Stakeholders task media on SGBV fight through data-driven reporting




Stakeholders at the public presentation of Wole Soyinka Centre for Investigative Journalism (WSCIJ) media justice status report on Sexual and Gender-Based Violence (SGBV) in Nigeria have tasked the media on fight against Sexual and Gender-Based Violence through data-driven reporting.

A press statement by WSCIJ Executive Director/CEO, Motunrayo Alaka, said the presentation of the report titled: ‘Missing Data, Missing Justice’ was held virtually.

He said, the former United Nations Special Rapporteur on trafficking in persons, and Professor of Law, Joy Ngozi Ezeilo, who chaired the event, commended WSCIJ for leading conversations on SGBV through evidence-based data.

Prof Ezeilo said the report would help stakeholders appreciate the challenges faced by SGBV victims and survivors in accessing justice.

“You can begin to appreciate the surreptitious nature of this violence and how this impacts women’s human rights. I think this is the type of evidence that we need.

“During the COVID-19 era, the spike in SGBV cases was alarming. Tracking cases through the media is important because it gives you a glimpse into the magnitude of the problem and the repercussion for women in Nigeria,” Ezeilo further stated.

In her review of the report, Executive Director of Women Advocate Research and Documentation Centre (WARDC) and lawyer, Abiola Akiyode-Afolabi, lauded the centre for the effort to monitor 14,004 stories on women and girls and sample 91 of the stories for their justice status. She affirmed that the report is an important tool for the media to hold governments accountable. She identified some gaps in the records of the police and courts based on the report. She said 88 of the 91 cases sampled were reported to the police and other law enforcement agencies. 56 of the 88 cases were charged to court; 14 were not, and 18 cases could not be traced.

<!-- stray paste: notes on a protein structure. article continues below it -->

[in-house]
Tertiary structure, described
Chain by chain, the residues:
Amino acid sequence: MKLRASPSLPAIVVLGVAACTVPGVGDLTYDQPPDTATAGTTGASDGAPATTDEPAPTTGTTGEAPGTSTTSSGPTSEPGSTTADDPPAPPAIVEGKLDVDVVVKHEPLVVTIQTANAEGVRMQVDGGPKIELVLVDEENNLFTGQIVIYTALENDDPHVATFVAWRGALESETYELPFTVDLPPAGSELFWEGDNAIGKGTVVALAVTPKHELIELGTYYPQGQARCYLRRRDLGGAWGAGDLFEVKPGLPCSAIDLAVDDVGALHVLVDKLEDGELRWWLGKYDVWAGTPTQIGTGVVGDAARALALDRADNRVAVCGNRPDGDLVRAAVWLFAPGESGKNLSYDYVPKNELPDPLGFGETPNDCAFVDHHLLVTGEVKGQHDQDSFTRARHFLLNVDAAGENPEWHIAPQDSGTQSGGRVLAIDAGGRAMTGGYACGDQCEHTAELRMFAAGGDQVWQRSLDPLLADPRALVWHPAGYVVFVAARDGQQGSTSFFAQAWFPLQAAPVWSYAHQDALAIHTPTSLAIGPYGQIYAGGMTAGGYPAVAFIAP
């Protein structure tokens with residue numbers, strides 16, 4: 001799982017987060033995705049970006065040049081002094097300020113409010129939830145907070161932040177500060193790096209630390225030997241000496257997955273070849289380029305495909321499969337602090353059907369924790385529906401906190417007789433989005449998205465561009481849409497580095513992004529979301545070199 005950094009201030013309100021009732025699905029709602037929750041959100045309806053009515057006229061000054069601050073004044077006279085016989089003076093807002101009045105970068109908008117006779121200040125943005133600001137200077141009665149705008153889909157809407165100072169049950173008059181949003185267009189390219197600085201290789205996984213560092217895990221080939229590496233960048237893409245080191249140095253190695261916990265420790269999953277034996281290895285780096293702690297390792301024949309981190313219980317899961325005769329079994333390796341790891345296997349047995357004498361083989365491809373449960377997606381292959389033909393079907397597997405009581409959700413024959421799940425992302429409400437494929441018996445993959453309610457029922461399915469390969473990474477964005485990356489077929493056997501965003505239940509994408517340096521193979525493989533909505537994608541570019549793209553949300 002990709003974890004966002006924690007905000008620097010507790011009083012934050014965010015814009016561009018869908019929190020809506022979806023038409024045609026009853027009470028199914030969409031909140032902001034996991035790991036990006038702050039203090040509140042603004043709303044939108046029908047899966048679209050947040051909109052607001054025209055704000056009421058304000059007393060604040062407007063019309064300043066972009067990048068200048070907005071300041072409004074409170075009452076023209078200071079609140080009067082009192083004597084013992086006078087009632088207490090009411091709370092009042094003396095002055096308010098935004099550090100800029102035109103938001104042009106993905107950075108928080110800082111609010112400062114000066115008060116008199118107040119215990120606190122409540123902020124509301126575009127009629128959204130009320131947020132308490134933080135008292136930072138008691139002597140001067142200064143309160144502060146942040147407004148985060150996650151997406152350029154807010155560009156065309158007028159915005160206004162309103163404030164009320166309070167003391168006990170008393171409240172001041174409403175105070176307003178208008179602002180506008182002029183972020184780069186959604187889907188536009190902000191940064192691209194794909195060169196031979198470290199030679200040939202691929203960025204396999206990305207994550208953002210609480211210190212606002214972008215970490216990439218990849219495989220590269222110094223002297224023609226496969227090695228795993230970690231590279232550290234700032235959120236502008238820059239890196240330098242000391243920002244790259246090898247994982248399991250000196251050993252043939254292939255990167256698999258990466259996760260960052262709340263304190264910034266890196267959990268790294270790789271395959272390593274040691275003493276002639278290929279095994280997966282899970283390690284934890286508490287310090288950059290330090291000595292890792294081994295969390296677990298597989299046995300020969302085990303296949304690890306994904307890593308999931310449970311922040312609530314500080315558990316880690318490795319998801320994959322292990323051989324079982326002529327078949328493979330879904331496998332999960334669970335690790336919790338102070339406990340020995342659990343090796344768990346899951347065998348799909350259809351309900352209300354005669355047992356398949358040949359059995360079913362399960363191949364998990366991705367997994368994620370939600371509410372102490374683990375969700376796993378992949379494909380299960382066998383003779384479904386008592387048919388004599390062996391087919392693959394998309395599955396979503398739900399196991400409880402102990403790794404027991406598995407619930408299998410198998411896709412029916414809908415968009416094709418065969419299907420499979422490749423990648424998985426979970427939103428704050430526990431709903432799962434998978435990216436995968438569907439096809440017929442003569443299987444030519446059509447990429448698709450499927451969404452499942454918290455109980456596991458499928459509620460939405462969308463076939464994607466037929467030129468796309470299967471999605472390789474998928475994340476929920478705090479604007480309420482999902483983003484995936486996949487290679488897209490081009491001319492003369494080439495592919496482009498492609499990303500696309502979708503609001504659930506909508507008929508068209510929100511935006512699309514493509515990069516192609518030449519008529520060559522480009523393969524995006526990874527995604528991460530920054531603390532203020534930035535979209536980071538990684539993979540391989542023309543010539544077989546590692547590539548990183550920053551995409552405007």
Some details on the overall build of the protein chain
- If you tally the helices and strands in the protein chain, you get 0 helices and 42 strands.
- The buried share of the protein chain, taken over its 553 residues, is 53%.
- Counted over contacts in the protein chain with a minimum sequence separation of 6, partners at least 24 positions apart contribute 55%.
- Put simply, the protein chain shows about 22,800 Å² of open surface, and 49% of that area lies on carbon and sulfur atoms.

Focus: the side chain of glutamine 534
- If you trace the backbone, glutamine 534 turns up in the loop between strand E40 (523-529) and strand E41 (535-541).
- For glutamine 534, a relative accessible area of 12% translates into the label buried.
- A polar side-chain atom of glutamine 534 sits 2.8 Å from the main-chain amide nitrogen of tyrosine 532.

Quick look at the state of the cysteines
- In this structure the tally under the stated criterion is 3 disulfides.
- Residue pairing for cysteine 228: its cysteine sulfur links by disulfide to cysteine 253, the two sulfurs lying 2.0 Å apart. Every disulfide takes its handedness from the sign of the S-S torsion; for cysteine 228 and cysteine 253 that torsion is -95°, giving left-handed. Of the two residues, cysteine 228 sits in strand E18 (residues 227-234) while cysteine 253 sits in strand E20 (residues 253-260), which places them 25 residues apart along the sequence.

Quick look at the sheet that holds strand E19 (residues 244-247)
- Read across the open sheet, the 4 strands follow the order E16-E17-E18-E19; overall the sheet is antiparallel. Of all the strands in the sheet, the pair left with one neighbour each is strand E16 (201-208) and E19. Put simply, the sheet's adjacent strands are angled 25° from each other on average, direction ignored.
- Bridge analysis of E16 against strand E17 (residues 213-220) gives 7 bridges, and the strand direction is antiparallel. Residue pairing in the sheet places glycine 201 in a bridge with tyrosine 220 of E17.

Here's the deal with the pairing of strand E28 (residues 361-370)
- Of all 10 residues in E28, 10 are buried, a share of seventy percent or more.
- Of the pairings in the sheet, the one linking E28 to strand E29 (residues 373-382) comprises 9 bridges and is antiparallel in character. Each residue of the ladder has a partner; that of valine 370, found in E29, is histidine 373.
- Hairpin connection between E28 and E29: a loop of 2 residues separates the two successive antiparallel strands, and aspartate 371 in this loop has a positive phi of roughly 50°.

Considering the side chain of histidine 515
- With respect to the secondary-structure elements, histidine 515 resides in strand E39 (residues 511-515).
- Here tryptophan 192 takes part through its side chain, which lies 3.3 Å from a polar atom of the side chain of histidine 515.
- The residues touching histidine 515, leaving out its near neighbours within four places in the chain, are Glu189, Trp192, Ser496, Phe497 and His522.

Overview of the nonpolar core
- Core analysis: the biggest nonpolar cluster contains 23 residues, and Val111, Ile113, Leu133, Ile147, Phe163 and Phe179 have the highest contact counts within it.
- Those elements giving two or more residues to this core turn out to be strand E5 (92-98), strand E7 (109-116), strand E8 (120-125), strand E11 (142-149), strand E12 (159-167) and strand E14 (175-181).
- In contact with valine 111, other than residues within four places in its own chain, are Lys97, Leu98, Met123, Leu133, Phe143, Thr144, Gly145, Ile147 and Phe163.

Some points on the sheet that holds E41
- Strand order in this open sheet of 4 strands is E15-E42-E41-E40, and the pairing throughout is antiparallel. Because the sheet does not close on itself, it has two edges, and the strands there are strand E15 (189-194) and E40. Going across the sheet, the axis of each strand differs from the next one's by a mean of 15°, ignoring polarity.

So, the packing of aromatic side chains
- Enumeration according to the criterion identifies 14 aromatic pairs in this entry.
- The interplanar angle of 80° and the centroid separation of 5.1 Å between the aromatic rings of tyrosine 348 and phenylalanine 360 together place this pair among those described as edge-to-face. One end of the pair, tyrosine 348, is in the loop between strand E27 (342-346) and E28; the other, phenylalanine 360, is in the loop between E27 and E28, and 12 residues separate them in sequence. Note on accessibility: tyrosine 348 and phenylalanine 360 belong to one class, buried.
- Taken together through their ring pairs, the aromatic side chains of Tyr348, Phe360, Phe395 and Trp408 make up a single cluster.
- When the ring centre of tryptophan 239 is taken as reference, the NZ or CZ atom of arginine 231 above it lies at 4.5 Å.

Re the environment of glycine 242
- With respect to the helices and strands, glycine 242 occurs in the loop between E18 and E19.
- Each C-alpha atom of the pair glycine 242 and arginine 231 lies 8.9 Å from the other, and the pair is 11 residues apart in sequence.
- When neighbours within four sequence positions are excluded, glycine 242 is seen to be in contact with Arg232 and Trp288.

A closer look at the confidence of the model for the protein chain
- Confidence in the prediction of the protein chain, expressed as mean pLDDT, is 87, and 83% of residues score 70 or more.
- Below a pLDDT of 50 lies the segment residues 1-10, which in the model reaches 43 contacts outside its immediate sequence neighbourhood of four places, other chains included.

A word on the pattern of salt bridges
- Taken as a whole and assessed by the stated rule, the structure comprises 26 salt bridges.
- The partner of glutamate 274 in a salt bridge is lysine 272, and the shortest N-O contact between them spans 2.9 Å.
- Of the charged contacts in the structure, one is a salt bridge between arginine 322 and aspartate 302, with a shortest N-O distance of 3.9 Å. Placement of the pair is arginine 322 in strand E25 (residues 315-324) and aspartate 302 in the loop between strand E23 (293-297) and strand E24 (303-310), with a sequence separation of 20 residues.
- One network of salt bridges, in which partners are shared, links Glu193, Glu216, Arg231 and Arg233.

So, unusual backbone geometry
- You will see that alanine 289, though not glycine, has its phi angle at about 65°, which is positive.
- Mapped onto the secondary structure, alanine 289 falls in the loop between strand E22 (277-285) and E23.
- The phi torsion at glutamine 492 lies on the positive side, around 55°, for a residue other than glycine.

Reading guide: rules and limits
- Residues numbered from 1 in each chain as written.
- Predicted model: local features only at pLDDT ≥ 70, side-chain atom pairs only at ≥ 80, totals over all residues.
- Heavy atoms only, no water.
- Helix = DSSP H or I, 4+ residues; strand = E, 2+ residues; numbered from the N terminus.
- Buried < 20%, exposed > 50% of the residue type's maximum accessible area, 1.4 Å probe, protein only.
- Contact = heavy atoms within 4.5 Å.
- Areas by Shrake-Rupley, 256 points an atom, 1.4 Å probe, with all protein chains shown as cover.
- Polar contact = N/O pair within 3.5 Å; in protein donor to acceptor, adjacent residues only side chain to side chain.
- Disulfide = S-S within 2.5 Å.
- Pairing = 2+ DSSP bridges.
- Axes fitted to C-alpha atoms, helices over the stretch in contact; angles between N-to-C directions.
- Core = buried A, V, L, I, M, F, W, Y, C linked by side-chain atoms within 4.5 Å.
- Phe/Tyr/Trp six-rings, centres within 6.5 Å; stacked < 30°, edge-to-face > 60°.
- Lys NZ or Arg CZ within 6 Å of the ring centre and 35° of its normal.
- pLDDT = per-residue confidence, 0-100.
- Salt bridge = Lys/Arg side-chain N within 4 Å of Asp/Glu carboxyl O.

On her part, WSCIJ executive director/CEO explained that the report was developed to underscore the implications of missing evidence in justice administration on SGBV.

She noted that the report produced with support from Open Society Foundations (OSF)-Africa under the 2021 Report Women! Female Reporters Leadership Programme (FRLP) spanned three years (2018-2021) and unravelled the extent of poor documentation of SGBV in the value chain of justice.

In his goodwill message, Programme Coordinator, OSF-Africa, Paul Adeyeye, said missing evidence in the value chain for SGBV causes delay in justice administration and delivery, leaving justice seekers frustrated and disappointed.

Lending her voice to the importance of evidence-based reporting in combating SGBV cases, Executive Director, Women Radio, Toun Okewale Sonaiya, noted that the media must empower women to speak up through advocacy.

She appealed to the media to thoroughly research cases of SGBV to avoid being the missing link in justice delivery.

Similarly, Chairperson, International Federation of Women Lawyers (FIDA), Lagos chapter, Phil Nneji, said the report title was apt as it showed the importance of adequate data to mete out justice. She noted that evidence was very key, and lack of evidence meant death of SGBV cases on arrival. On his part, Coordinator, African Centre for Media and Information Literacy, Chido Onumah, commended the centre for the report and expressed the need to have a roundtable of stakeholders to further dissect the issues of denied justice and make sure perpetrators are brought to book.

Other stakeholders at the event included Veteran Broadcaster, Bimbo Oloyede; Executive Director, Media Career Development Network, Lekan Otufodunrin,; Managing Editor, International Centre for Investigative Reporting (ICIR), Ajibola Amzat; Executive Director, Safer-Media Initiative, Peter Iorter; and Researcher at African Women in Media (AWiM), Kaneng Rwang-Pam.

The stakeholder stressed the need for training to improve SGBV reportage and establish SGBV desks in media organisations.

They also advocated naming and shaming of perpetrators and their enablers, as well as continuous media advocacy to drive a change.

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